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Change Has Arrived

By Kenneth Wong

In February, roughly a week before Valentine’s Day, Autodesk began teasing Inventor users with the promise of a hybrid CAD program, one that would allow you to flutter back and forth between the traditional parametric modeling and the easier direct modeling. The technology was still in incubation at the time. It was dubbed, quite appropriately, Inventor Fusion (“Autodesk Joins the Hybrid CAD Movement with Inventor Fusion,” February 5, 2009).

In June, when Inventor Fusion finally made its debut, it delivered what turned out to be a direct modeler, without the anticipated round-tripping function connecting it to parametric modeling. In its first public outing as a Technology Preview 1, Inventor Fusion fulfilled only half of what was supposed to be a parametric-direct combo package (“Inventor Fusion, Ready for Inspection,” July 24, 2009).

The other half came in October, as a plug-in called Change Manager. Part of Inventor Fusion Technology Preview 2, the little module gets installed in Autodesk Inventor 2010 (not in Fusion but in regular Inventor). This effectively works as a bridge between Fusion’s direct-modeling tools and standard Inventor’s parametric-modeling environment.

Its limitations notwithstanding, Change Manager raises the bar in the midrange CAD arena. Many of Autodesk’s rivals can claim to offer direct editing. Some, like Siemens PLM Software, can legitimately boast a head start in direct-modeler development, since its Synchronous Technology (available for both Solid Edge and NX) premiered a year earlier than Inventor Fusion. But taken together, Change Manager, Autodesk Inventor, and Inventor Fusion make a trilogy that offers something few competing packages do—direct-to-parametric conversion.

The Workflow
The download for Inventor Fusion Technology Preview 2 contains not one but two executable files. One installs Change Manager to your existing copy of Autodesk Inventor 2010. (This has to be a subscription license, as it needs some periodic updates made available to subscribers.) The other installs an updated version of Inventor Fusion.

The recommended workflow runs as follows:

  • Step One: Create your parametric part in Autodesk Inventor 2010, then save it as a native Inventor file (.ipt).

  • Step Two: Load the part into Inventor Fusion, then make the changes you desire using direct editing. Afterwards, save the modified part in Inventor Fusion’s default DWG format (.dwg).

  • Step Three: Reopen the DWG file from Inventor Fusion in regular Inventor. Change Manager plug-in will automatically identify the direct edits made in Inventor Fusion, then present you with a table showing all the changes as comparable parametric features. You can go through the list and adopt (or reject) them one at a time, in a sequential order. Once this process is completed, you’ll have a new parametric part, with a revised feature history that takes into account the direct edits you’ve made in Inventor Fusion earlier.

Unquestionably, the workflow involving two separate programs is a cumbersome way to move from one environment to the other. Bear in mind, however, that Autodesk’s vision is to incorporate what’s currently found in Inventor Fusion into standard Inventor. Therefore, in time, you can expect an all-encompassing environment where you may make direct edits on a parametric part, then convert these edits into parametric equivalents in a single program window.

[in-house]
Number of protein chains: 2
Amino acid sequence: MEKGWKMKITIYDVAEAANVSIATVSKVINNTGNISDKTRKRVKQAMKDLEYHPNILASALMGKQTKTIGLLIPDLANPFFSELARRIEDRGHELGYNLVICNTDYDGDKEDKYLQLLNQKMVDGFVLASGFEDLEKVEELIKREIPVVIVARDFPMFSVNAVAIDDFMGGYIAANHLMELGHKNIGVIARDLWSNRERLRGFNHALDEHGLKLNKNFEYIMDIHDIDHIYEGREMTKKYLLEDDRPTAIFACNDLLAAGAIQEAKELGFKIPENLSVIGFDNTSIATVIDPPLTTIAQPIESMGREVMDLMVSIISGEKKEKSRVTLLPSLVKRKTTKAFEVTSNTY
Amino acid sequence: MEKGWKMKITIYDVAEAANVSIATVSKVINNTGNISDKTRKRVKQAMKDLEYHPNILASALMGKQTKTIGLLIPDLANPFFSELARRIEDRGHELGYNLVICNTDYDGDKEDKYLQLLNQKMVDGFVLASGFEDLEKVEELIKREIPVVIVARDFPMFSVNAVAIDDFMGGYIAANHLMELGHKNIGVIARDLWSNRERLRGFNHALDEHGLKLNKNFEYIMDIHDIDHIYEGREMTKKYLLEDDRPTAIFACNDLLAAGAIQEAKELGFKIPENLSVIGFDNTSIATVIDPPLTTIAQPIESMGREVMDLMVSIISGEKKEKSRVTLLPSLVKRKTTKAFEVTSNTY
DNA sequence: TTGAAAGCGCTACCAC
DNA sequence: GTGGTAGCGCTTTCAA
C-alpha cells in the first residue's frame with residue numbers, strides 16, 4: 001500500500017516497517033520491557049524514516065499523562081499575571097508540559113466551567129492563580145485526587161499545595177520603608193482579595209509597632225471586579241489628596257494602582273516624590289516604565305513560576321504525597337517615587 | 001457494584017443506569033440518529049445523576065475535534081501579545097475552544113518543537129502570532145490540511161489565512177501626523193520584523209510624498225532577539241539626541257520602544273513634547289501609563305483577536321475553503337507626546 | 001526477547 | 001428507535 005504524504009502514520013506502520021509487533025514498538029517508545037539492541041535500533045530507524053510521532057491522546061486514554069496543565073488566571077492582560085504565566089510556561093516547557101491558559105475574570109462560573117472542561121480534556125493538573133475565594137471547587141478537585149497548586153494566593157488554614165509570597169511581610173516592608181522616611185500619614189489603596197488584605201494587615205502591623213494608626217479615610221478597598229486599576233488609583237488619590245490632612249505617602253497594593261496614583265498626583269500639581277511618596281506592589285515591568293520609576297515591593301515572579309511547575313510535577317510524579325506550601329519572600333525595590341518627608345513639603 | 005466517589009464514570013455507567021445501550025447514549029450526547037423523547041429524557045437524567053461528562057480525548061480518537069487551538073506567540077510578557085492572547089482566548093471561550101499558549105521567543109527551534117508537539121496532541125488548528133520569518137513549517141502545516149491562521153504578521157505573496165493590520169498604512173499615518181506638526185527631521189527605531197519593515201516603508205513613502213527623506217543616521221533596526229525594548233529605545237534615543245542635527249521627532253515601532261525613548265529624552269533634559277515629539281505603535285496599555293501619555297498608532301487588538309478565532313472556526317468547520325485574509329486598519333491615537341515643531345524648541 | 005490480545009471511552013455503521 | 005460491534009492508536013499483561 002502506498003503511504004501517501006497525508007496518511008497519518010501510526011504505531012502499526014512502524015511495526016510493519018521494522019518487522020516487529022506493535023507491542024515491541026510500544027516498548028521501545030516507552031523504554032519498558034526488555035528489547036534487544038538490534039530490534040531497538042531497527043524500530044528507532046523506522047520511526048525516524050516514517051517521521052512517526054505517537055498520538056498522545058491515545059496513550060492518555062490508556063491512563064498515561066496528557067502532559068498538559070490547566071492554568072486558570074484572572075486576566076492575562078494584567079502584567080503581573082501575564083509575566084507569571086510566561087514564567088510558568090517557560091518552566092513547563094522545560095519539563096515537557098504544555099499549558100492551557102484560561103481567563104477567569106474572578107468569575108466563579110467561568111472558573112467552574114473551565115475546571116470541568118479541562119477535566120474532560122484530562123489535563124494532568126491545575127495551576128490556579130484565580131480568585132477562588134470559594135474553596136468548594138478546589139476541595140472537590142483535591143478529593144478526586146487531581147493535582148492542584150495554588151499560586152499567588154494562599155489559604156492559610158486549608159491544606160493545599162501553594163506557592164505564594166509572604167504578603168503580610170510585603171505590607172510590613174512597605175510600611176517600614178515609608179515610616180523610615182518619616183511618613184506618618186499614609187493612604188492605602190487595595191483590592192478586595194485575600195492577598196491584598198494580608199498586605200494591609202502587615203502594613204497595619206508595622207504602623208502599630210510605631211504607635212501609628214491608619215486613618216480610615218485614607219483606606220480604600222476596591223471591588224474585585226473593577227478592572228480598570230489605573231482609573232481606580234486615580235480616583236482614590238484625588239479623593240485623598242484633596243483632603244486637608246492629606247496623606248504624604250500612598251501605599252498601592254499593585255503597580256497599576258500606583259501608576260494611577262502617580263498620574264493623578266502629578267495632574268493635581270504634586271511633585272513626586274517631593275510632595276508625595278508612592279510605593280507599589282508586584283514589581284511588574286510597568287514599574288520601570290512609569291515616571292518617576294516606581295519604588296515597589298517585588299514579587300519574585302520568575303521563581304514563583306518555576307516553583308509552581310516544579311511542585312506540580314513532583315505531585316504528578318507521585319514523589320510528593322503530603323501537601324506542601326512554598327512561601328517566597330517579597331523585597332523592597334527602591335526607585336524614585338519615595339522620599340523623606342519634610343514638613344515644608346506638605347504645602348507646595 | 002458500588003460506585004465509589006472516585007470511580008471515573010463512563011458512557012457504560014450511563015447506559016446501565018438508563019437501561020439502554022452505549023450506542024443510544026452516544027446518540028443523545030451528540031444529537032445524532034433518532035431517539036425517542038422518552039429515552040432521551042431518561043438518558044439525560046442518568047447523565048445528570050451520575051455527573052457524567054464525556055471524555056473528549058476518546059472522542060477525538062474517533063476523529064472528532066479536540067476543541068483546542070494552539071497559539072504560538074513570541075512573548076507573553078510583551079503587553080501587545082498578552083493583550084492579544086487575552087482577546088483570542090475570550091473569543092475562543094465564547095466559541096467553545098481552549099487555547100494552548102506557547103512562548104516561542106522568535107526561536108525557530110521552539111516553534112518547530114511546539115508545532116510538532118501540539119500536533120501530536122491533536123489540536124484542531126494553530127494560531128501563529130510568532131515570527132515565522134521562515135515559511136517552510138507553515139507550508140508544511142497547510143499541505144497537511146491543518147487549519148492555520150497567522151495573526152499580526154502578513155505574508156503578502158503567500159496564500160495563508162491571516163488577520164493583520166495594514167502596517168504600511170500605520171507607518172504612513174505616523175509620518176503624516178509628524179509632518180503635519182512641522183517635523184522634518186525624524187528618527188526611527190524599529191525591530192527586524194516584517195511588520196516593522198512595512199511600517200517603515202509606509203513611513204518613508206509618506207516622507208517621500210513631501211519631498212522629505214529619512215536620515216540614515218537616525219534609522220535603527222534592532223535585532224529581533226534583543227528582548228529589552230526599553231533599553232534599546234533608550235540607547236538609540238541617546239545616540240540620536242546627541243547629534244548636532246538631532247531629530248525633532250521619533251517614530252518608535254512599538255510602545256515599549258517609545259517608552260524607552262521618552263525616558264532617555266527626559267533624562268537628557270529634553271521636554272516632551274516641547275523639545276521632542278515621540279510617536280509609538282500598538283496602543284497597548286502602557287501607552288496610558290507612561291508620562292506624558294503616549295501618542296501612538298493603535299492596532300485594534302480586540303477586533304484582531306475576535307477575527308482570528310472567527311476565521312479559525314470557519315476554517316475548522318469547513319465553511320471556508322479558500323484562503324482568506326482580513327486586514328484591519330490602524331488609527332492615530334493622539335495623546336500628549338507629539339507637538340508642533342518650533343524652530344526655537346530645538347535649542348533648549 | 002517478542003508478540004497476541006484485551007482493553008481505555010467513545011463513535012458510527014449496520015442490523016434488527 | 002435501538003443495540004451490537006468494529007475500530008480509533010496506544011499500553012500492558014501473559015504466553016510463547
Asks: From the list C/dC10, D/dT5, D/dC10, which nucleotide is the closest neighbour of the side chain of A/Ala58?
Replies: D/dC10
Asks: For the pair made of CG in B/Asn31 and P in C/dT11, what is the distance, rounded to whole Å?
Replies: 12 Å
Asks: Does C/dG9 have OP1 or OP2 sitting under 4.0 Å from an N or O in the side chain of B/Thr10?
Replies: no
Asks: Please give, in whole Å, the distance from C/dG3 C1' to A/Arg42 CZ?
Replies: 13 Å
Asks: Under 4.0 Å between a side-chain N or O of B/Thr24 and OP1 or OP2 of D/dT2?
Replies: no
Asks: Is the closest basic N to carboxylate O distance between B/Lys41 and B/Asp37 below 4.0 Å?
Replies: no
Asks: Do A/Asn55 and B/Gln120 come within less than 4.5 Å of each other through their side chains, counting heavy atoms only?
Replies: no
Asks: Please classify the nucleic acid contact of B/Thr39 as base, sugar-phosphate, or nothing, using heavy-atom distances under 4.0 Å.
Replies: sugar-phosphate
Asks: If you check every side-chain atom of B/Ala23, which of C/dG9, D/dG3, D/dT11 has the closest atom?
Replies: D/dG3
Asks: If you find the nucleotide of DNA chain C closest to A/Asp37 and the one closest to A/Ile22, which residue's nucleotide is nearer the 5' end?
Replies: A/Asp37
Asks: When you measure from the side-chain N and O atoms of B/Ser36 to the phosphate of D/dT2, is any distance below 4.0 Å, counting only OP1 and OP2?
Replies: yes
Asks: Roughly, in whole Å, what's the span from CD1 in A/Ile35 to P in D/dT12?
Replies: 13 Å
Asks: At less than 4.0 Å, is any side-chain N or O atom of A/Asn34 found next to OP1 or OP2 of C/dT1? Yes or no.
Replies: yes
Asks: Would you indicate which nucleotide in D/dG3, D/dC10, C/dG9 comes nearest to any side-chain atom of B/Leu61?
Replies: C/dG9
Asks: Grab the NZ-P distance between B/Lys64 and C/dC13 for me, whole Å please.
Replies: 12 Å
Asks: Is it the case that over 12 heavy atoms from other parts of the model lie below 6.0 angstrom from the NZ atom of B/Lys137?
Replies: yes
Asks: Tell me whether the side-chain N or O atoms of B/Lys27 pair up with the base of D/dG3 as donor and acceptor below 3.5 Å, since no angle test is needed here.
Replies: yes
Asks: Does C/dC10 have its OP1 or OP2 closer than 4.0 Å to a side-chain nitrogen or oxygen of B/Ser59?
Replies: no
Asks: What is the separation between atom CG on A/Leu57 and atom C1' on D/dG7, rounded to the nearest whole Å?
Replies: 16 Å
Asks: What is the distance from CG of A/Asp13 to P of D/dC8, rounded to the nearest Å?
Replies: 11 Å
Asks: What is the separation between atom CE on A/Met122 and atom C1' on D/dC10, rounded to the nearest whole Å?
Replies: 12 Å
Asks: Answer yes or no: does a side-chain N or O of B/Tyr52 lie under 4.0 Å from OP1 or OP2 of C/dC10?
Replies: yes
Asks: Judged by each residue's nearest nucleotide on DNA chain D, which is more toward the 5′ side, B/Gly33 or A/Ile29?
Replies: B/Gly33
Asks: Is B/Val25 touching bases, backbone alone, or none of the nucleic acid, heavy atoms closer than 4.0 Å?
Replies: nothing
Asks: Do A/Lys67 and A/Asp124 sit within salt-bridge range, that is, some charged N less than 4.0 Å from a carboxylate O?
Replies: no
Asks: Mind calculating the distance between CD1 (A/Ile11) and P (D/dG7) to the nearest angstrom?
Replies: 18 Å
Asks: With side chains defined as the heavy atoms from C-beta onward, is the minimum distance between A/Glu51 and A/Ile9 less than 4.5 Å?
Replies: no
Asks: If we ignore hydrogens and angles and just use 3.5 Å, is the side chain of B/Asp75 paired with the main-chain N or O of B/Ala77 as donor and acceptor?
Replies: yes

Change Has Arrived
Fig 1. A new parametric part is created in Autodesk Inventor 2010, using classic parametric modeling methods.
Change Has Arrived
Fig 2. The part is imported into Inventor Fusion (Technology Preview 2) and edited, using direct editing tools. The most disruptive edit is on the top face of the pentagon, which has been rotated and tilted to an odd angle.
Change Has Arrived
Fig 3. When the part is reopened in Autodesk Inventor, Change Manager identifies and lists the modifications in a table.
Change Has Arrived
Fig 4. Change Manager converts all the direct edits into parametric equivalents—all except one, the change to the pentagon, which is rejected.
Change Has Arrived
Fig 5. The modified part, as seen in Autodesk Inventor 2010. The direct edits adopted by Change Manger are now part of the model’s history tree.

Change Manager is quite adept at translating certain direct edits—like filleting a corner or extruding a profile—into parametric steps. But some of the more complex direct edits, like rotating an extruded face at an odd angle, may stump its conversion algorithm, giving you an error message.

As the code matures, Change Manager’s ability to recognize and convert direct edits into parametric steps will improve. But some direct edits may simply be too taxing to convert, as parametric modeling principles cannot accommodate certain types of direct geometry manipulation.

At the present, when confronted with geometric changes that it cannot resolve, Change Manager gives you the option to ignore it (in other words, reject that specific direct edit). A better approach might be to give users the option to accept the new geometry as an independent entity, treating it similar to how a parametric program typically treats imported geometry with no history (or “dumb geometry”).

Despite its detractions, Change Manager does complete the roundtrip between parametric and direct editing. Once the conversion works better and the workflow is consolidated into a single program, Autodesk Inventor is poised to become a tough act to follow.

For a demonstration of Inventor Fusion with Change Manager, watch the accompanying video report or watch the previous report here.

About Kenneth Wong

Kenneth Wong is Digital Engineering's resident blogger and senior editor. Email him at kennethwong@digitaleng.news or share your thoughts on this article at digitaleng.news/facebook.